His effectiveness in the RPOs last season is an extension of the crime he committed at the University of Alabama. According to ESPN Statistics and Information, Tagovailo was 90.8 QBR in the RPO plays from 2018 to 2019, making at least 50 such attempts among the nation’s third signal callers.

“He’s an accurate quarterback who really knows how to put the ball where he wants it,” McDaniel told reporters last week.

As for Tagovailo’s accuracy, Hill sparked controversy when he said in his podcast that his new QB is more accurate than his predecessor, Chiefs Superstar Patrick Mahomes.

That’s up for debate, but McDaniel’s focus will be on Tagovail’s ability to be on time and on goal with football, and that’s what McDaniel said he has consistently done in his quarters at camp.

“He’s been a great coach,” McDaniel said when asked about working with the quarterback off-season. “The guard has dropped, and we have been able to maintain his high confidence, which he should be sure of now, while directing him and improving his game, which is everyone’s main goal.”

McDaniel said he noticed a change in Tagovailo’s head makeup from the time he showed up for off-season work in April until the end of the minicamp in June.

Hill said the same thing about his new QB.

“I feel like football is about trust,” Hill said. “And I’m very confident with my quarterback. If I’m able to help him gain all that confidence in the world and encourage other guys to gain that confidence, then heaven is the limit for that guy. A talent. He has crazy arm strength, arm talent. And we’re excited about the ball every day. watching them throw “.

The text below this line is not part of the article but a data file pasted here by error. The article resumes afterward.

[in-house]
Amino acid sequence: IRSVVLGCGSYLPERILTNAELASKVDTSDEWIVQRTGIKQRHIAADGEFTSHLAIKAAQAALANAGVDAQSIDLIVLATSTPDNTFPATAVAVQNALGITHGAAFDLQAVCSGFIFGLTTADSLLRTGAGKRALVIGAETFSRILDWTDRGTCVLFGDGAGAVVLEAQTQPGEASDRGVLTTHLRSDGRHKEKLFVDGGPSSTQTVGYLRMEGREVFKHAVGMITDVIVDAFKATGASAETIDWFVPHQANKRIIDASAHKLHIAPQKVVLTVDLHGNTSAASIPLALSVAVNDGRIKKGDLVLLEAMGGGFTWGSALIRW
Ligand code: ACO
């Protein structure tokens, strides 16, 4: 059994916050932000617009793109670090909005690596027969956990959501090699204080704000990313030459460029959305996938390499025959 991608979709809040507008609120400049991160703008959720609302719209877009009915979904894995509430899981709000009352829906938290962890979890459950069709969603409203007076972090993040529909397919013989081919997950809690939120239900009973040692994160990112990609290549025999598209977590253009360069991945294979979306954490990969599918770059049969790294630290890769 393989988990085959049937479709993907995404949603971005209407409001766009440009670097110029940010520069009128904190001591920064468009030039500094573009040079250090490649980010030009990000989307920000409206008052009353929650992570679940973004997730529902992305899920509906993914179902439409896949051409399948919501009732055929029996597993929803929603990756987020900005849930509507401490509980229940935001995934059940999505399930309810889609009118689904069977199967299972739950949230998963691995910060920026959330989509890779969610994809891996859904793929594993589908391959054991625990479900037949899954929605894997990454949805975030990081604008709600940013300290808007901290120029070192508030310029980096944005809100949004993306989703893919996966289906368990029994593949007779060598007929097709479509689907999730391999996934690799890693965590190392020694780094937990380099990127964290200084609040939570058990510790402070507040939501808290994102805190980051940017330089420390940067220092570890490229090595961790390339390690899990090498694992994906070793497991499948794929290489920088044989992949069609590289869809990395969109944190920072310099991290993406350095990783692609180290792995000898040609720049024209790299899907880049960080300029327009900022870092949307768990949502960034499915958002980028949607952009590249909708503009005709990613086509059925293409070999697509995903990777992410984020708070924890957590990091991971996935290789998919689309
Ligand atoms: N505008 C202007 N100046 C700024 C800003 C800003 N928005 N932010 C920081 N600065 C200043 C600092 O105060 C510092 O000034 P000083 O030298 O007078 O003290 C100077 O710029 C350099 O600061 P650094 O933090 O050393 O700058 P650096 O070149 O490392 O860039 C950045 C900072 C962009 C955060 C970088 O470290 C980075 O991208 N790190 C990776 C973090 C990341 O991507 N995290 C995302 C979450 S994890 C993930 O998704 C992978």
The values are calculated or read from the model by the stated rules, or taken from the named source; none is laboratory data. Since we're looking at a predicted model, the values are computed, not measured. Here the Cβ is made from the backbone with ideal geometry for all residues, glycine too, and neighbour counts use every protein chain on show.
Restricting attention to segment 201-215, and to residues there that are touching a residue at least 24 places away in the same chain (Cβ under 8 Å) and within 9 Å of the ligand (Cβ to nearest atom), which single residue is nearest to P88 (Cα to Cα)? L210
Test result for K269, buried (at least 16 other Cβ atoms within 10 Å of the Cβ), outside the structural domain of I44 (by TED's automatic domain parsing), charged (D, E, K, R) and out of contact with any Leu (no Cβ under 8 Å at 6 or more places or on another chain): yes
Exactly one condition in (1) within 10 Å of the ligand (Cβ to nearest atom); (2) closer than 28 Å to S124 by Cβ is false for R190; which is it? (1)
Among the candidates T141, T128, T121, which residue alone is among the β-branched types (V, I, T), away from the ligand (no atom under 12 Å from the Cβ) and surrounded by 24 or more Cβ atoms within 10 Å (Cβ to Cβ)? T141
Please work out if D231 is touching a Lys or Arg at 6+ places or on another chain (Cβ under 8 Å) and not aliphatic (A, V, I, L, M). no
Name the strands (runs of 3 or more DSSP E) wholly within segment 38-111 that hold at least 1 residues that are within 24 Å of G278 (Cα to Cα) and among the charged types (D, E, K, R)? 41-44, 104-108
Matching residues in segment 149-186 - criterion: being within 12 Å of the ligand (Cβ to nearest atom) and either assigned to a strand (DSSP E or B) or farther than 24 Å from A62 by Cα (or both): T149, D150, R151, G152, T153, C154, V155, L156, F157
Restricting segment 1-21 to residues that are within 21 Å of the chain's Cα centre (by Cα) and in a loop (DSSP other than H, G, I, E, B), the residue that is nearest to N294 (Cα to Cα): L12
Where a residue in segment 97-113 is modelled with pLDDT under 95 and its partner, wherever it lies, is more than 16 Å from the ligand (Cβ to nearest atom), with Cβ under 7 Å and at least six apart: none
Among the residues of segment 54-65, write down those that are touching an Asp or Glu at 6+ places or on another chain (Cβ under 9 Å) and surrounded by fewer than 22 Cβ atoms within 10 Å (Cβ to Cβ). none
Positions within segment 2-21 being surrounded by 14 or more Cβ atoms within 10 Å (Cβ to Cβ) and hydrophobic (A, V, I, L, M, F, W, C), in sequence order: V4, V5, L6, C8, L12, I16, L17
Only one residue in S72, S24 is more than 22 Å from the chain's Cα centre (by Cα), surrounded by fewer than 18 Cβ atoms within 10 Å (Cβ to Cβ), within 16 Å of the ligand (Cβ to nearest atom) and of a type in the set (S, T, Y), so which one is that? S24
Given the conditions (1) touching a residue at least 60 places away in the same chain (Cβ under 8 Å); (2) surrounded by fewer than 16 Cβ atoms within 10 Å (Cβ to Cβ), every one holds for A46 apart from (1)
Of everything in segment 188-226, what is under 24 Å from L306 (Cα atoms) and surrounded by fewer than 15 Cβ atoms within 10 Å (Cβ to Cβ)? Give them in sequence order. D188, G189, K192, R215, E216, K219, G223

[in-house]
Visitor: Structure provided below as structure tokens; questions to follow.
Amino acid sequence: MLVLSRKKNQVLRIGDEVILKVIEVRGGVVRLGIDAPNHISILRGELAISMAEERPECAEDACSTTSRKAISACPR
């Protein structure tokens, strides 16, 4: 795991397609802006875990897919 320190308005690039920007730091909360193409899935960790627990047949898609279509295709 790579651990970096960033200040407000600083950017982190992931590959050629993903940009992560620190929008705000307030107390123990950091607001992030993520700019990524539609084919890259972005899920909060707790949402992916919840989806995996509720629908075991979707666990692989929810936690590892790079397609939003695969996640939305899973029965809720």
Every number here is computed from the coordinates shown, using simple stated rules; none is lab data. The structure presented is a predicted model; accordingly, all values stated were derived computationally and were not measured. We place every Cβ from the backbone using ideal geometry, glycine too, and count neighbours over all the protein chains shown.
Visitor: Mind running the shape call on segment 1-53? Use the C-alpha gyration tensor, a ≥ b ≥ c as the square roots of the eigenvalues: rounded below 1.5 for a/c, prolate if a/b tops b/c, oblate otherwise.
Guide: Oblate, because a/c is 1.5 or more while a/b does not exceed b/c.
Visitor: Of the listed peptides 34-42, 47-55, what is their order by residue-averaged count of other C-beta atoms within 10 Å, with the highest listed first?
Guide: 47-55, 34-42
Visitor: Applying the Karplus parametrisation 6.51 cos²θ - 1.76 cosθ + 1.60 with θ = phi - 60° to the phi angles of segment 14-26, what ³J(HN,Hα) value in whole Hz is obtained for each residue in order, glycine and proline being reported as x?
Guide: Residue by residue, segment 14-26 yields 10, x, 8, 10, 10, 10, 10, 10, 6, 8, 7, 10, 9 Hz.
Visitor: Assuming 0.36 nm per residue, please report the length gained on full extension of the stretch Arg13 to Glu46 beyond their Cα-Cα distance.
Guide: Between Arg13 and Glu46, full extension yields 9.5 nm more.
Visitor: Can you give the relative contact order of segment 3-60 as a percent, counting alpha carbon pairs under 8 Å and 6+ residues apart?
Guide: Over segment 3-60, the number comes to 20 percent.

In addition, the Dolphins have surrounded the Tagovail with free agent players such as defenders Raheem Mostert, Chase Edmonds and Sony Michel and receiver Cedrick Wilson. They also renewed the offensive line with the addition of Terron Armstead tackler and guard Connor Williams.

These players are already teaming up in a Miami attack with a mix of talent, including receivers Mike Gesicki and Jaylen Waddle.

Entering the third year, Tagovailo understands that he has no more excuses.

“I’ve been playing football for so long, to the point where I was set up at such a young age, with the way my dad trained,” Tagovailoa said. “Then, even in college, I was more scared of what my father would have to say to me after the game than my coach. [Nick] Saban.

“And it’s still like that in the NFL. But for me, I have it in my head that no matter how another coach feels about how I train or play, I know what I’m capable of.”

Now it’s up to Mystic Mac to get the most out of Tagovailo and Hill.

Eric D. Williams has been in the NFL for more than a decade, the Los Angeles Rams in Sports Illustrated, the Los Angeles Chargers for ESPN, and the Seattle Seahawks for the Tacoma News Tribune. Follow him on Twitter @eric_d_williams.